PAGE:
My first Oxford United game was on the 27th December 1975, I was three years old and as legend has it, spent most of it staring at the floodlights while standing on the London Road terrace.
The result is a matter of record; a 2-1 defeat to Southampton with a goal from Mick Tait in front of 12,004 fans. Beyond that, I know virtually nothing; there’s no video of the day and it’s not exactly an event etched into the collective memory. It may have been my first game, but it was of little importance in the great scheme of things.
In the great void of my memory, I’ve managed to conjure up a mental image of me standing amongst spindly men in frock coats and top hats, like something out of a Lowry painting. It’s an image of something generically old fashioned, although more likely, given the fashion of the day, I would have been surrounded by men in voluminous bell bottom jeans and denim jackets covered in badges.
Bohemian Rhapsody was number 1, the country was mired in the Northern Ireland troubles and Harold Wilson was Prime Minister. Two days after the game, the Sex Discrimnation Act came into force. Different times.
I will never see that first Mick Tait goal, in fact, I’d never even seen a photo of the game, assuming all records of the day were consigned to history, never to be unearthed. Then it dawned on me that a record must exist; a programme for the game must be out there somewhere and, perhaps, for the game after, at home to Bristol City, thereby opening up the possibility that I might be able to piece the story of the day together.
Programmes served a different purpose back then; they were the primary communication channel with fans and much less of a commercial vehicle. I don’t know why I hadn’t thought about it before, almost every game in history has a programme, and I’d never thought to seek these ones out. It took about two minutes to find them on ebay.
The reason I was there, almost certainly, was because we’d have been visiting my grandparents over Christmas in Abingdon. All my early Oxford United experiences happened around that time of year, perhaps it was my dad’s attempt at some early bonding, though I suspect it was just a way of getting some relative peace and quiet from the family.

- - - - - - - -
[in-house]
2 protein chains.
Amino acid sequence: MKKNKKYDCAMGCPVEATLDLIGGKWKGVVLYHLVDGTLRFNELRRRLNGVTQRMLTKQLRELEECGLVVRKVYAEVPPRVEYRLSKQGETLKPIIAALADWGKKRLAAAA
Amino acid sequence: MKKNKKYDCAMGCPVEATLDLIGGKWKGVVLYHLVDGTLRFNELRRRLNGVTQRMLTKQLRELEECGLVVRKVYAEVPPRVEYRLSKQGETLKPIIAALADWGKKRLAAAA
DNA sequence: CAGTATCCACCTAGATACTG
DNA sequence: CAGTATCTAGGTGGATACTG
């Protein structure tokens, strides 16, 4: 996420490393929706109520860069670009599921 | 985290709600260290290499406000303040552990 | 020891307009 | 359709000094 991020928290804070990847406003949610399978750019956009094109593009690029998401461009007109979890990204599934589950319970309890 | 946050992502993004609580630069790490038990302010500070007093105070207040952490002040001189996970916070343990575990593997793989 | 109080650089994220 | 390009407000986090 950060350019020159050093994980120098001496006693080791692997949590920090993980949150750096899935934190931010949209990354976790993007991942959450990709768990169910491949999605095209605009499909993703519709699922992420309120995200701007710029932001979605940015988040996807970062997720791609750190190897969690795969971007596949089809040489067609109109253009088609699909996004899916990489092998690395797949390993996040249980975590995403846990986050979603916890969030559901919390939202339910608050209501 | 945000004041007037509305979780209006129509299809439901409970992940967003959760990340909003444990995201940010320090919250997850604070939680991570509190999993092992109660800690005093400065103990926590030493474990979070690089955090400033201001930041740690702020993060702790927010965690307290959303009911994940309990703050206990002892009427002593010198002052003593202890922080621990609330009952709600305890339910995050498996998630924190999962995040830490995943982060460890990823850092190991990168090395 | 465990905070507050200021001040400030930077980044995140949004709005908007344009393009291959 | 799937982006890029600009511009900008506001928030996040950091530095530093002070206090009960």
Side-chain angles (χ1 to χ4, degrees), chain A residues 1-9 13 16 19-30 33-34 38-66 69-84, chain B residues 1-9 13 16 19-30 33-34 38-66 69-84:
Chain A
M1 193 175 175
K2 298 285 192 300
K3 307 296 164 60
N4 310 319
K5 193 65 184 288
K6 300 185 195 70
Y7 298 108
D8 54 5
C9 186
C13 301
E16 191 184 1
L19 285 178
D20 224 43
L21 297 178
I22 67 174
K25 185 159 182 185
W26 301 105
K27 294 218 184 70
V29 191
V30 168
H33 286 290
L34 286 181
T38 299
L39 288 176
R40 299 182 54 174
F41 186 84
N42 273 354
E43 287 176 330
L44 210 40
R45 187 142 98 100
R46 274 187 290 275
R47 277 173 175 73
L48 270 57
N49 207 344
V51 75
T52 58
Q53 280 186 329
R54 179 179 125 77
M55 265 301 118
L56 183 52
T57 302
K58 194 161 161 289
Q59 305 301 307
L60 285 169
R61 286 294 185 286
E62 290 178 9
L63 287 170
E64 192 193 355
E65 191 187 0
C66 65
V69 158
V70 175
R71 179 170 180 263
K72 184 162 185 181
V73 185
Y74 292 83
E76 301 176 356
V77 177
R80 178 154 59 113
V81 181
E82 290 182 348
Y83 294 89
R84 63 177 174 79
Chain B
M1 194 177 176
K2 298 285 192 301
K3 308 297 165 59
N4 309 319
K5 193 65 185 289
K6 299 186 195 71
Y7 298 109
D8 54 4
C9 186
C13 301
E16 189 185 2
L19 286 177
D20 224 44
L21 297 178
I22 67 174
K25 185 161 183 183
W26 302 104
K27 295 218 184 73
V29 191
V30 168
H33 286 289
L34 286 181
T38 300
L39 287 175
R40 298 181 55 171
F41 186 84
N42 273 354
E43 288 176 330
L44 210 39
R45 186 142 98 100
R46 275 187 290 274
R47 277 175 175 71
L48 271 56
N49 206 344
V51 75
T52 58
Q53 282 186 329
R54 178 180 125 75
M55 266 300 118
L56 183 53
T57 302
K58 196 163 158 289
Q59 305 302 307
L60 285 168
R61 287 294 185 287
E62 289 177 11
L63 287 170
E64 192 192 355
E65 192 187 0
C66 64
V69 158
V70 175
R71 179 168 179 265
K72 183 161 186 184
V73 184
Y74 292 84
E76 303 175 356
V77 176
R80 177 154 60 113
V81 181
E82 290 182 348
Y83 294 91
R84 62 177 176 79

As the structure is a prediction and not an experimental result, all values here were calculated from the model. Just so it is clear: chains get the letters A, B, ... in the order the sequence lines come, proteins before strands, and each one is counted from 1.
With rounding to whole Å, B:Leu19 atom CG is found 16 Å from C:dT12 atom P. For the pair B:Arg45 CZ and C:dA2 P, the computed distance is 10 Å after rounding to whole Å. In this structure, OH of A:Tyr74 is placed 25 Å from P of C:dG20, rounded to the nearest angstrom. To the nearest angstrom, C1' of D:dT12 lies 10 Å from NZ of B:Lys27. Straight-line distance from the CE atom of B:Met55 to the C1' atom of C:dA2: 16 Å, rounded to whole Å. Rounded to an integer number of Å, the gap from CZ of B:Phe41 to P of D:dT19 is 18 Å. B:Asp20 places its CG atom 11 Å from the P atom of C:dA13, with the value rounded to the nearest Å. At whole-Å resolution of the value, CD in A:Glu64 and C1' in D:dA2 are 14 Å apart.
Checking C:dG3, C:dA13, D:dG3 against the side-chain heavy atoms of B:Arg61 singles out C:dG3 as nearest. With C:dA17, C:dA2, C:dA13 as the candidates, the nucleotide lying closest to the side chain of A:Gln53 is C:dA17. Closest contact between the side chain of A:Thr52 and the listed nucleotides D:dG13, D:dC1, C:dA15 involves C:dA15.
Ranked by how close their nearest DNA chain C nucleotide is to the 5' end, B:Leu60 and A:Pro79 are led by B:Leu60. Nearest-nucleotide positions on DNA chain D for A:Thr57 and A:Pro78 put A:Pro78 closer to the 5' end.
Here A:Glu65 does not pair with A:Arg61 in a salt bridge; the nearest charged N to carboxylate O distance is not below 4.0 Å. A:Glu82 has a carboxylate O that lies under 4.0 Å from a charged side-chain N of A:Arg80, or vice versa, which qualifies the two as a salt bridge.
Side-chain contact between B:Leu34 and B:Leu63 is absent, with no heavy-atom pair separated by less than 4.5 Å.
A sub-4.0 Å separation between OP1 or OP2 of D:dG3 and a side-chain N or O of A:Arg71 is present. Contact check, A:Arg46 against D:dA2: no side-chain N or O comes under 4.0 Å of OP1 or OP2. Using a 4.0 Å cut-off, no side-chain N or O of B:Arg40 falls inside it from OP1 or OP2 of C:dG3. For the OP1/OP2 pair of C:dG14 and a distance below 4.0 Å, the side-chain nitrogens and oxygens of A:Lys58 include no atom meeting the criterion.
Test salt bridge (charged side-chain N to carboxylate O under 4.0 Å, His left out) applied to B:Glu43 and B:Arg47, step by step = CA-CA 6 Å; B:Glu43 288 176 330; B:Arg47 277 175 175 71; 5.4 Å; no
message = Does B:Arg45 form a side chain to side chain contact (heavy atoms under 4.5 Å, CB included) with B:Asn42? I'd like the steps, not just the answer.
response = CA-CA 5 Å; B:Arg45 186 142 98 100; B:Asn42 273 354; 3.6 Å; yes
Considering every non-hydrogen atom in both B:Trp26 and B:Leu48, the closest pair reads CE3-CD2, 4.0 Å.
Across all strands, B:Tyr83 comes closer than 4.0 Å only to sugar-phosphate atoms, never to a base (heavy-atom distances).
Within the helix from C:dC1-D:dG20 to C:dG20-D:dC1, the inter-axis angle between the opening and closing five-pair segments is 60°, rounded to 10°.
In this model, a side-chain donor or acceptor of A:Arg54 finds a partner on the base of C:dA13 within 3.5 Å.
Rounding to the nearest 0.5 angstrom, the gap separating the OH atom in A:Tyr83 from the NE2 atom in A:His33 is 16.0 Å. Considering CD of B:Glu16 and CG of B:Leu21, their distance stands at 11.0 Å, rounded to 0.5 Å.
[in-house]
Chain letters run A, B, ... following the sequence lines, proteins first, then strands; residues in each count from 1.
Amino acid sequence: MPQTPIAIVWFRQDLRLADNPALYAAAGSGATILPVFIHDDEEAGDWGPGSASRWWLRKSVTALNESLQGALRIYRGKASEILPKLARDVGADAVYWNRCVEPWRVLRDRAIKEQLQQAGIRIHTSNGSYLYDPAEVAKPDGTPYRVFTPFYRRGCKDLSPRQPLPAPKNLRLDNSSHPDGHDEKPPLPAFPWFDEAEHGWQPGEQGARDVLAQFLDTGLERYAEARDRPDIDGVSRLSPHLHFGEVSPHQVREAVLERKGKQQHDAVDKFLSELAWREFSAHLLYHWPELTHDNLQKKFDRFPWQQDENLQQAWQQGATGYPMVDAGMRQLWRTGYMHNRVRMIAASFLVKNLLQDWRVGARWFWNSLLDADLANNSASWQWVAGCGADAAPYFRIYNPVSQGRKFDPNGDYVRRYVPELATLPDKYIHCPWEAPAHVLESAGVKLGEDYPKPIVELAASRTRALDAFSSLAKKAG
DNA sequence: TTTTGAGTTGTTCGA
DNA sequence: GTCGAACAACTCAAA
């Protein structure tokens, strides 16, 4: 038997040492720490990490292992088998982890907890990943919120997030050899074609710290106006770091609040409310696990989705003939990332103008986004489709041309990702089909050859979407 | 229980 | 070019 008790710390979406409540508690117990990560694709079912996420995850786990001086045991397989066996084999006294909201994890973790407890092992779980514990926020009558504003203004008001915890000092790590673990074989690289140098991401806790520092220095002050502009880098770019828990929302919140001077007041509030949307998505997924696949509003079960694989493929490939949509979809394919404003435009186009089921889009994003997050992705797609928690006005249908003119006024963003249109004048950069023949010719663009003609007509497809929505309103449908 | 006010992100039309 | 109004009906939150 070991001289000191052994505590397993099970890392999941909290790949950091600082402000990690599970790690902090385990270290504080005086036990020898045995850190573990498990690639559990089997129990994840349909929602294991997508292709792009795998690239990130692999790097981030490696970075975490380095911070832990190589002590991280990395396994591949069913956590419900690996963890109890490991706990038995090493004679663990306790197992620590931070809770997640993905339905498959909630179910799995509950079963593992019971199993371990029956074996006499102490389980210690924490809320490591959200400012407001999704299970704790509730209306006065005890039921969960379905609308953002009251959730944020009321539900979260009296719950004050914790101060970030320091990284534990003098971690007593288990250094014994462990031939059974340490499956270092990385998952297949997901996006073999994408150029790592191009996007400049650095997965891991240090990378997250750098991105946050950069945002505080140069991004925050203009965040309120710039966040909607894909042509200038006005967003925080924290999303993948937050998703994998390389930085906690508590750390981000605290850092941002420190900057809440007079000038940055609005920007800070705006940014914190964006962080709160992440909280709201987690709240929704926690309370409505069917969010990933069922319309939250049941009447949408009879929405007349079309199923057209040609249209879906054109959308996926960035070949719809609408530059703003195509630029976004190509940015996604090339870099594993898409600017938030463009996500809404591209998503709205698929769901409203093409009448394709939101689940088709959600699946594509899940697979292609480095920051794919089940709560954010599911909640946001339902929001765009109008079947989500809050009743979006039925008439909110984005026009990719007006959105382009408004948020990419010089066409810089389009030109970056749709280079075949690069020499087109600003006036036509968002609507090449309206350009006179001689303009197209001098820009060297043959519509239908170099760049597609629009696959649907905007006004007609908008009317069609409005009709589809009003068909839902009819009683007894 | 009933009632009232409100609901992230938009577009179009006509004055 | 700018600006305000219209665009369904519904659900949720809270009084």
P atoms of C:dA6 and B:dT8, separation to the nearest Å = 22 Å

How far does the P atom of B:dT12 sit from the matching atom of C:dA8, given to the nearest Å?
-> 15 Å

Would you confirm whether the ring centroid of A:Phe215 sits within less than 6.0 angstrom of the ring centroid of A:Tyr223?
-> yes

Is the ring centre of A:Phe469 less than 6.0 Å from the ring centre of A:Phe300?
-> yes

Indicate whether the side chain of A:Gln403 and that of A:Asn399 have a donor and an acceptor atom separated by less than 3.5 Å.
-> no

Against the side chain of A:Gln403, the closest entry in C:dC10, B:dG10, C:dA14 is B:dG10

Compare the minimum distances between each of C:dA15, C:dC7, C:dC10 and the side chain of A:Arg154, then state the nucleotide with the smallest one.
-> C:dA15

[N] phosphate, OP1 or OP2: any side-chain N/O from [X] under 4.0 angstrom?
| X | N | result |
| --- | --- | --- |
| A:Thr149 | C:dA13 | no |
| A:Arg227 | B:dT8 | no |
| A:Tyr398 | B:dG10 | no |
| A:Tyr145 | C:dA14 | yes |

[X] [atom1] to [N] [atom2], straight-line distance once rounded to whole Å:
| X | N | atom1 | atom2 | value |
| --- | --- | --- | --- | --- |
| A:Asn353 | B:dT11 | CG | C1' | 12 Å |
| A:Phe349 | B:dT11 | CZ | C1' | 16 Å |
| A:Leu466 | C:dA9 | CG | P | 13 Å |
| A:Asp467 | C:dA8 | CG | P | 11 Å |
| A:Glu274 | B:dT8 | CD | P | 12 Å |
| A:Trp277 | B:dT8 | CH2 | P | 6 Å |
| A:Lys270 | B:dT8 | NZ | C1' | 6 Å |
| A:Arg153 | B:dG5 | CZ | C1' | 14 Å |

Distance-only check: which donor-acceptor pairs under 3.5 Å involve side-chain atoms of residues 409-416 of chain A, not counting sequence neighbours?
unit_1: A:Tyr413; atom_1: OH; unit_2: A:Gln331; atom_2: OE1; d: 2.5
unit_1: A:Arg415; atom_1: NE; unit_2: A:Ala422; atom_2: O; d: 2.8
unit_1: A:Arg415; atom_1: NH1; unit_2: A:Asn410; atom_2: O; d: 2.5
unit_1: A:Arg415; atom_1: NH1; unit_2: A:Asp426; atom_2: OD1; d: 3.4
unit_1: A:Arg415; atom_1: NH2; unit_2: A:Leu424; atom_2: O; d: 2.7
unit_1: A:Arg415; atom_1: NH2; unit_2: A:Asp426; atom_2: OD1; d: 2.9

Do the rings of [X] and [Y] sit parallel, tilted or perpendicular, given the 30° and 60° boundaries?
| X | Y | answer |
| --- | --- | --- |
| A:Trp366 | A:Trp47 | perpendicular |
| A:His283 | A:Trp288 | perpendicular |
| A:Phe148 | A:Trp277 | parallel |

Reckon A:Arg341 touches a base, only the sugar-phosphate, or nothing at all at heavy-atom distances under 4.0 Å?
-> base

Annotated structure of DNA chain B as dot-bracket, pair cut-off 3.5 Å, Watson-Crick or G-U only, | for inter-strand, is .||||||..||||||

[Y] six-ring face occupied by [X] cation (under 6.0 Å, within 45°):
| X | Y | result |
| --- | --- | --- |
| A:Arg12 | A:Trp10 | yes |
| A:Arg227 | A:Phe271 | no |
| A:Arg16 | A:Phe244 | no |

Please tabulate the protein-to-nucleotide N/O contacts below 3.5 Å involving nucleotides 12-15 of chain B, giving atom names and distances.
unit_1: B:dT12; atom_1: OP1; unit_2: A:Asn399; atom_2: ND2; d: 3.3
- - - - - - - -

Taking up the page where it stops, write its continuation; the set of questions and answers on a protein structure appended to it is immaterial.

Played just two days after Christmas, the game was the second of a double header; the previous day we’d lost to Luton 3-2 at Kenilworth Road (Southampton had beaten Bristol Rovers at The Dell). We were in 20th position of Division 2 and would eventually succumb to relegation, Southampton were fourth and would go on to win the FA Cup the following May beating Manchester United 1-0. Of the eleven that started that day, ten started at Wembley with just Peter Osgood replacing Hugh Fisher who dropped to the bench.
The programme around that time was in the style of a tabloid newspaper which would have been too large and cumbersome to read at a game. The photos were in black and white but its editorial felt more independent than the programmes we know today. Nowadays, everything has to be exciting and positive; back then, there was a more measured approach, the good and the bad reported in equal measure.
The crowd was obviously swelled by the Christmas holidays, it was twice the average gate for the season. Oxford wore blue and yellow stripes, a two year experiment which was abandoned at the end of that season. The idea was resurrected when we returned to the Football League in 2010, much to the dismay of many Oxford fans. Personally, I quite liked those stripes, perhaps that first game left an indelible impression on me.